This morning, I was holding my favorite coffee mug.  There was nothing in it; I was holding it with my pinky finger, hands full of other things, and I was concentrating on putting these other things down one at a time, full of the intention of getting to the point that I could safely transport the mug to the safety of the counter.  As I began, however, an orange that was balanced upon the rest of the sundries rolled—just a bit—across the top of my load.  And though I was concerned, and I mean fully invested, only with my mug at the time, I reacted to stop the orange’s roll by shifting my balance, my hands beneath the pile, to keep the orange atop it all.  Consequently, even though the only thing I wanted to not drop was the mug, the mug was the only thing I dropped.  Luckily, I’m good with my feet, and I was able to cradle the falling mug enough that it didn’t break.

But I had dropped it.  The only thing I was focused upon not dropping dropped. 

And this was the perfect anecdote to illustrate something I’ve been feeling a lot lately: though I think that I am making decisions and focusing my energy on doing things of my choosing, something in my nature, something I do not choose, is betraying me. Something inside of me, or within the world, compels me to do something different, making me feel entirely like an observer of life rather than a liver of it.

I hate to get all Matrix on you, but it put me in mind of something the Oracle said, and which has always resonated with me: “You’re not here to make the choice. You’ve already made it. You’re just here to understand why.”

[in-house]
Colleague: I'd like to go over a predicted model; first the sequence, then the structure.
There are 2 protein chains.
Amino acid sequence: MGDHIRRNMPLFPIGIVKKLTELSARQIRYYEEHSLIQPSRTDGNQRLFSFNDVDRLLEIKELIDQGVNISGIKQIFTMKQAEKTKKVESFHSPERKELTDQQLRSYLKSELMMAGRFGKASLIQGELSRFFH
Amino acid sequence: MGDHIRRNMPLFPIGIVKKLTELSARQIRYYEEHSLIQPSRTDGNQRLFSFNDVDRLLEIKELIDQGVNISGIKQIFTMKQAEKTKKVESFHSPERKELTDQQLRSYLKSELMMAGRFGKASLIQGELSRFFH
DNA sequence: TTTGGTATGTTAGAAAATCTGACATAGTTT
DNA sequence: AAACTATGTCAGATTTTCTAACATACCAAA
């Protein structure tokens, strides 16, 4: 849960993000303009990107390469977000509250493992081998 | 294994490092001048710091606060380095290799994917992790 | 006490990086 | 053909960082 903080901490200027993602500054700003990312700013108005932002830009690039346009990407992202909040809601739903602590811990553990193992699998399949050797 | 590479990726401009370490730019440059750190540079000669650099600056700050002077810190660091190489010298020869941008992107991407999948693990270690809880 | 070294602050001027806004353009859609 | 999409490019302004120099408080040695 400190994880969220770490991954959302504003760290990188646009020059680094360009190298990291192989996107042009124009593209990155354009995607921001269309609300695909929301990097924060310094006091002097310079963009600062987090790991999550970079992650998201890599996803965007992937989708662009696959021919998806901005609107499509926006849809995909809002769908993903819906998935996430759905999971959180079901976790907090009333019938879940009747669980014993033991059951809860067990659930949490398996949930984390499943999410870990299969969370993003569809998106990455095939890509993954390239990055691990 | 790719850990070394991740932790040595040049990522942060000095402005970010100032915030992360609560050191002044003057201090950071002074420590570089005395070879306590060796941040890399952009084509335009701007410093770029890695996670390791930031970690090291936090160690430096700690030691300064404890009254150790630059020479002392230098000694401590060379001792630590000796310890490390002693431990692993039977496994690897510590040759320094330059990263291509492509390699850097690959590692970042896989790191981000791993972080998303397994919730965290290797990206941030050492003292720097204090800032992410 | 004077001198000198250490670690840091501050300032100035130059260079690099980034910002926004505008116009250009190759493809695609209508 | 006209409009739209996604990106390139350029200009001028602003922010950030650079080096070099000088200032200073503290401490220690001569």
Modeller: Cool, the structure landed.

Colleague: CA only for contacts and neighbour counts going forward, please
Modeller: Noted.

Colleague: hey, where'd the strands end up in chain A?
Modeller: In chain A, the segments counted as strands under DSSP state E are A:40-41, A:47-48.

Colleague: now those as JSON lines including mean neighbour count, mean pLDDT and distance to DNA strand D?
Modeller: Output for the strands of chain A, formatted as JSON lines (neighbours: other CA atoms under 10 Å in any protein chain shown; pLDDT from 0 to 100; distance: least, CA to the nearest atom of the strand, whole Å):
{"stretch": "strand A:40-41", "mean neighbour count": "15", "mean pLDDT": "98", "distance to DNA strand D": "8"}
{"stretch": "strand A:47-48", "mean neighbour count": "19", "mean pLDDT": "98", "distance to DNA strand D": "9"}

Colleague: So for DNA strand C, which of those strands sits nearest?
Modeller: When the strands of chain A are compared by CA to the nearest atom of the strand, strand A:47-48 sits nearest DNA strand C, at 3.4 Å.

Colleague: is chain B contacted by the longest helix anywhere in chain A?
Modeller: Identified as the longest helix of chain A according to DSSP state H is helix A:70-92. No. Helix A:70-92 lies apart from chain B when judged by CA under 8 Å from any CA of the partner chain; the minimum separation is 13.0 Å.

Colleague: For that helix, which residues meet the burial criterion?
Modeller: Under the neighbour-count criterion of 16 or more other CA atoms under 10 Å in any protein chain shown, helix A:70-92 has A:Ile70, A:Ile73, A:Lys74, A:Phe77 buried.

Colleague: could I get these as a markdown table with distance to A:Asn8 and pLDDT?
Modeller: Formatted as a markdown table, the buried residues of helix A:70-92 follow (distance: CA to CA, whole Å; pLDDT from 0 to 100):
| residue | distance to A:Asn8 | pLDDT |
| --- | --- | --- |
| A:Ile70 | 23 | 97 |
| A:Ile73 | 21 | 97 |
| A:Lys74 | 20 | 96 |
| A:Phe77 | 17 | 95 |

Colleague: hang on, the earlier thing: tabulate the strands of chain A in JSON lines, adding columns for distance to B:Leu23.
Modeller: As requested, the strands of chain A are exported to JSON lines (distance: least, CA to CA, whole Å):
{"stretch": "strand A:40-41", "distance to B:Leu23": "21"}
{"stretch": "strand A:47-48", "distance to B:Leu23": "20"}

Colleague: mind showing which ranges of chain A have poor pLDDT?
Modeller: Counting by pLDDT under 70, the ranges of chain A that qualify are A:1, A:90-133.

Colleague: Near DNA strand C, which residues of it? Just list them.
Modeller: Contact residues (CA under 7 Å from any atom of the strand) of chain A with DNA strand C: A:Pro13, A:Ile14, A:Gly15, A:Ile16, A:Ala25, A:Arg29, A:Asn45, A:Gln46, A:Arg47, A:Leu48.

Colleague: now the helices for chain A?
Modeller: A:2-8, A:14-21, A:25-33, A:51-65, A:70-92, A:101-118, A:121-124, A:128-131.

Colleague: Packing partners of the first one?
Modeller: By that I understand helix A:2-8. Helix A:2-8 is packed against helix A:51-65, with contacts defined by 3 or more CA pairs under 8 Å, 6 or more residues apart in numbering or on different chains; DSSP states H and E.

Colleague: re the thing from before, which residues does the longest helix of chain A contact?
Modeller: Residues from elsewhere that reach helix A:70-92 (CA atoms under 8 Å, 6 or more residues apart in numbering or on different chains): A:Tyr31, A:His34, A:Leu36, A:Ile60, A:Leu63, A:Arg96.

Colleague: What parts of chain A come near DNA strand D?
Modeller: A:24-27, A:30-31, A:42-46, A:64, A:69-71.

Maybe it’s because I’ve felt so busy lately, or so unable to slow down and really get a sense of what I’m doing with my life to appreciate where I am and where I’m trying to go, but I’ve felt increasingly as though I am not making any decisions. Not really. I feel like I’ve hit that jet stream of the “productive” years of life—the ones everyone wistfully remarks are gone in the blink of an eye (which is actually a blink, unless you only have one eye). I feel like I’m allowed inadequate time to reflect, to think, to plan, to change course if I’d like. I’m not saying I feel like I want to change course. I’m just saying I probably wouldn’t know it if I did.

This is a question of freedom to me. I am learning to teach within the educational system. I decided to do it, knowing there would be frustrations and a constant heap of work. That doesn’t bother me. But—and here is where I cut this short so I can have time to grade everything and make lesson plans for tomorrow—my life is a coffee mug dangling from my pinky finger, and there is an orange demanding my attention. If I had time to think about it, my life and how I live it is that to which I’d choose to pay the most attention. But that orange is immediate, and it is moving, and I’m balancing it, I’m saving it, and that’s where my mind is. In this instant.

the worst thing that ever happened to you

10 11 2012

i was once in an atv accident with no helmet on. i split my head open on a steel pole and then the atv landed on top of me. i had my ankle shattered playing soccer. i had a girl i was in love with run off to australia for months only to come back and tell me that she had left expecting to come back engaged to a boy she knew from before, and about whom she’d neglected to tell me before. once, i was chopping wood, and a shard of wood rebounded from my split straight into my eye. i went to the hospital after about 30 minutes of flushing blood out of my eye in the kitchen sink; my mother wanted to find the wood. i don’t even remember how long it took the doctors to get it out. all i really remember is that i don’t like people putting metal things into my eye. most people probably don’t, but i do suspect that there was a time that i loved it. not after that.